Marathi Translations at Mumbai Stations goes Wrong; ‘Please don’t drop a step’ write Railways in Stickers

Shruti Venkatesh
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Marathi Translations at Mumbai Stations goes Wrong; ‘Please don’t drop a step’ write Railways in Stickers

The translations have led to some real gaffes by the Mumbai Railway authorities

The fact that things often get ‘lost in translation’ is something we all know. But in this case, it has also led to some real gaffes by the Mumbai Railway authorities. In their endeavour to encourage passengers to use the foot over-bridges (FoB), the railways had put up stickers on the steps of these bridges. The problem arose when they converted the Hindi and English messages written on the stickers in Marathi, and this led to some non-sensical sentences getting pasted onto the steps. 

Elphinstone Railway Station Stampede: 27 Dead, Several Injured; How it Happened

Following the unfortunate stampede at Elphinstone Road railway station on September 29 where 23 people lost their lives, the railways introduced stickers in three languages – English, Hindi and Marathi – to instil a civic sense in commuters. The stickers prompt commuters to watch their step, hold handrails while walking over the bridges. However, the messages are lost in translation The stickers on the FOB of Santacruz and Goregaon railway stations, reportedly read, ‘Krupaya lahan chendu gheu naka’. This, in marathi, means, ‘Please do not use small ball’, whereas the intended message was, ‘Please do not use shortcuts’.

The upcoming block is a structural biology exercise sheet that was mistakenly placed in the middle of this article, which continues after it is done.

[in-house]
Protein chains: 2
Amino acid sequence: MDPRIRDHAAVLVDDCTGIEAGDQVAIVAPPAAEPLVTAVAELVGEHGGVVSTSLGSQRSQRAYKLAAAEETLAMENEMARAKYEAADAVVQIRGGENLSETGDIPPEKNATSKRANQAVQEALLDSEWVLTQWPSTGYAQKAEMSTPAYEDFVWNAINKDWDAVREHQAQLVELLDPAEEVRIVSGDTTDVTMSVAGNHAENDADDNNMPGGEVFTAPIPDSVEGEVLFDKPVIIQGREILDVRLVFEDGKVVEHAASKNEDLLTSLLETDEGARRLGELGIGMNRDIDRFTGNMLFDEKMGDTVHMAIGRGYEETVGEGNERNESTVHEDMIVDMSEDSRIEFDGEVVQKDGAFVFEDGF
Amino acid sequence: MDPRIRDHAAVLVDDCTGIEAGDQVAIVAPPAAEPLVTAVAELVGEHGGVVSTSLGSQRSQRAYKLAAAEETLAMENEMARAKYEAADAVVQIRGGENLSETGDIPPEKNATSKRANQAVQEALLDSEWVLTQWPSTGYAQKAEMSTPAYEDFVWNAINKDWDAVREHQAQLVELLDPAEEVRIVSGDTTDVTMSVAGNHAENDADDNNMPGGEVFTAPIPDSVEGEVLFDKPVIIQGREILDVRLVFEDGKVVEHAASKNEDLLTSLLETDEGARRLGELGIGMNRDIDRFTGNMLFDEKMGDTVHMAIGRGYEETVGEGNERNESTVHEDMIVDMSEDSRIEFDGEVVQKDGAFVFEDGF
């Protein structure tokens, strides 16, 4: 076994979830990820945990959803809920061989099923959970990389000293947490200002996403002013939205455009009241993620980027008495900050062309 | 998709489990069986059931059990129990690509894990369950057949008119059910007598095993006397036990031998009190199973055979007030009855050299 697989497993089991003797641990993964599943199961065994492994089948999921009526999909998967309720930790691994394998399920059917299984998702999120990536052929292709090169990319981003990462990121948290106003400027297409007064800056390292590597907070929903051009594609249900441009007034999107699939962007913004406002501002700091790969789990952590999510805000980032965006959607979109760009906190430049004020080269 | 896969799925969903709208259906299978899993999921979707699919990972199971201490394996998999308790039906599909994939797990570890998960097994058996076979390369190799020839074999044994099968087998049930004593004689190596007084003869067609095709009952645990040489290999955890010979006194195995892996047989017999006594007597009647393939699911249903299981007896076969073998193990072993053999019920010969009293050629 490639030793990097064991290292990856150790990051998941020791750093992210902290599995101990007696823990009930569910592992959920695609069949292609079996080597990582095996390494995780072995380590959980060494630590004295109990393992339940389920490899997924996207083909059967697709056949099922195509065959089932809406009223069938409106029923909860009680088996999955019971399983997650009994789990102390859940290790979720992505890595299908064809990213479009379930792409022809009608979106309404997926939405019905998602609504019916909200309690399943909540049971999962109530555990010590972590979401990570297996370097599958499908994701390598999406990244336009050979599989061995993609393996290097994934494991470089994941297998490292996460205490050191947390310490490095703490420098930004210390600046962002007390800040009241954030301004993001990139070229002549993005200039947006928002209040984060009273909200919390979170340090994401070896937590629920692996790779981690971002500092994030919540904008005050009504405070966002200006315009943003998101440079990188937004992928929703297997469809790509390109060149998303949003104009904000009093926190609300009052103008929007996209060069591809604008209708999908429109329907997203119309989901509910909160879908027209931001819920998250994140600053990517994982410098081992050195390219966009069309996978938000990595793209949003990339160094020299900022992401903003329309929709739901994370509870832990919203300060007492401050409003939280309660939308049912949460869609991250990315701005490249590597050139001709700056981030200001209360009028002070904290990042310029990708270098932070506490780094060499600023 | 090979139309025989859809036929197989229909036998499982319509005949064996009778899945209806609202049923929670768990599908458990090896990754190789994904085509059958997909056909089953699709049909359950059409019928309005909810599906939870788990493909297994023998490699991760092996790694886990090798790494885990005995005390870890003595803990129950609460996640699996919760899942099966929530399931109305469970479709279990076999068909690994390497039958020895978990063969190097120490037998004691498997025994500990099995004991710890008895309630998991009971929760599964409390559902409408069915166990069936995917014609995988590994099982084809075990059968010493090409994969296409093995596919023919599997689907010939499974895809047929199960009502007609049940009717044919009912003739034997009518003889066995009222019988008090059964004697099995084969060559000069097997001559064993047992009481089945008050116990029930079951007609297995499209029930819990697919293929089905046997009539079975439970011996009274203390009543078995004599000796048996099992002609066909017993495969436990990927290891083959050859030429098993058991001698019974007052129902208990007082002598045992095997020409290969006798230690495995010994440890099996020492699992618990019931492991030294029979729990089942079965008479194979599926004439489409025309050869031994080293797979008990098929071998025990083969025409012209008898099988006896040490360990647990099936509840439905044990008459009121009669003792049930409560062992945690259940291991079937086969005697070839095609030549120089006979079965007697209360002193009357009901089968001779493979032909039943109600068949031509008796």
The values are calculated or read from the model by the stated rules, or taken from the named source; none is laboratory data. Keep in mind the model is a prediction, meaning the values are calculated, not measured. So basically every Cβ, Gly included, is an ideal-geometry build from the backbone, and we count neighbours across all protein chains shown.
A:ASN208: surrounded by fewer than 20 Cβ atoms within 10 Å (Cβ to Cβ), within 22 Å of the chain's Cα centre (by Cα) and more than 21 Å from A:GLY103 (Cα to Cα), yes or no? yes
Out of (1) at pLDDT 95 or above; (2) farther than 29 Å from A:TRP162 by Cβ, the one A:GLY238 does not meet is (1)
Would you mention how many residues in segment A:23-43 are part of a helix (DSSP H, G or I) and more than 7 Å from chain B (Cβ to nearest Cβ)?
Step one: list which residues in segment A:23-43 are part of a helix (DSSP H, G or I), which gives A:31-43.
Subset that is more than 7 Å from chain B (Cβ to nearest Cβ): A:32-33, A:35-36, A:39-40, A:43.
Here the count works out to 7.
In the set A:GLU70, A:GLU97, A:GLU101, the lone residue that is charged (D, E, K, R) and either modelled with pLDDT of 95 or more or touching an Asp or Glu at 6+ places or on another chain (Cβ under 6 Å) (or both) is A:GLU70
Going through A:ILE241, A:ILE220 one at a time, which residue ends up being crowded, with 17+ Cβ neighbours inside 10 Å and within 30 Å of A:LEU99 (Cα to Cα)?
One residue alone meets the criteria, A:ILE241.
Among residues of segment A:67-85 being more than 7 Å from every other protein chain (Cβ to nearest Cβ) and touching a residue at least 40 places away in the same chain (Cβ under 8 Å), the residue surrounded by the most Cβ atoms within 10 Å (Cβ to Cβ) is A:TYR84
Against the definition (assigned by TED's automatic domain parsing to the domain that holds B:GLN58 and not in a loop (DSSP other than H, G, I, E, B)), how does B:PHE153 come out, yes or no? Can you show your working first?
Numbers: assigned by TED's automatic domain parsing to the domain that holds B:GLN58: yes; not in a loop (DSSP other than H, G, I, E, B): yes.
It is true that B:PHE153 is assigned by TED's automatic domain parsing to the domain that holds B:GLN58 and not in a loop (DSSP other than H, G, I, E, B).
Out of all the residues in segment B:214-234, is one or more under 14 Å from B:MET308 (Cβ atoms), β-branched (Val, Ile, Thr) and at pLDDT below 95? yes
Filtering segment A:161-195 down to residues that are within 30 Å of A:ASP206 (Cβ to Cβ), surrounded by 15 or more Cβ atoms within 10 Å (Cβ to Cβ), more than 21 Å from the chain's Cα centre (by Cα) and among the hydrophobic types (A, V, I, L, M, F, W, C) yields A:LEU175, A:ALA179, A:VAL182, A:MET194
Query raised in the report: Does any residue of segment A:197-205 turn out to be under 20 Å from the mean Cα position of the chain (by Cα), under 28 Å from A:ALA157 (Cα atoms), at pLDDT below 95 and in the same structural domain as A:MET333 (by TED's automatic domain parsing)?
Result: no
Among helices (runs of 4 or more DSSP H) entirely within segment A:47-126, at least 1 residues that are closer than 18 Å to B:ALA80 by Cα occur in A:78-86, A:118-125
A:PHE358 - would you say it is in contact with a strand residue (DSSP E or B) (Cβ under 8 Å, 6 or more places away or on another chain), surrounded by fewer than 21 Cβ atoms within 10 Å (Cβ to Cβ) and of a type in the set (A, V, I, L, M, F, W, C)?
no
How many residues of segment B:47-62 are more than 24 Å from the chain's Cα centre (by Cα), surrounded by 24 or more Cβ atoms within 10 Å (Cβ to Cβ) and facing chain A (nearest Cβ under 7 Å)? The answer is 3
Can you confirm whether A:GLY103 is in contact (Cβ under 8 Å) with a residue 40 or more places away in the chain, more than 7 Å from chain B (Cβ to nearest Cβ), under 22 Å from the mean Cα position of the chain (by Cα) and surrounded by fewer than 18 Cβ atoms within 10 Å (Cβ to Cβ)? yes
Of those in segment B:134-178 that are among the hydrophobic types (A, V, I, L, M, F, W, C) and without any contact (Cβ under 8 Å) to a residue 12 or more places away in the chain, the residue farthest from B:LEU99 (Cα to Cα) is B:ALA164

Similarly, messages put up at Elphinstone Road station post the stampede say, ‘Krupaya ektar bajula theva’, which literally means, ‘Please keep aside either’, when the intended advice is, ‘Please walk on one side’. Another example of a hilarious translation is Krupaya ek pauool vagalu naka’, which means, ‘Please don’t drop a step’ instead of ‘Please don’t miss a step’. There are also several typos as reported in Hindustan Times, which include ‘Krupaya handroil dharun theva’, which commuters have to interpret as ‘Please hold the hand rail’.

Here is a tweet by a commuter that shows the hilarious translations:

An article in the Hindustan Times states that Google Translate was used to convert English messages into Marathi. The railway authorities have been alerted about the wrong interpretations and they have apologised for the errors. They have also said that these will be rectified immediately. Mukul Jain, divisional railway manager, tweeted that this is an inadvertent error. “Concerned officials have been advised to strictly ensure the translations and grammar are correct. We will ensure that proper language is used,” he said.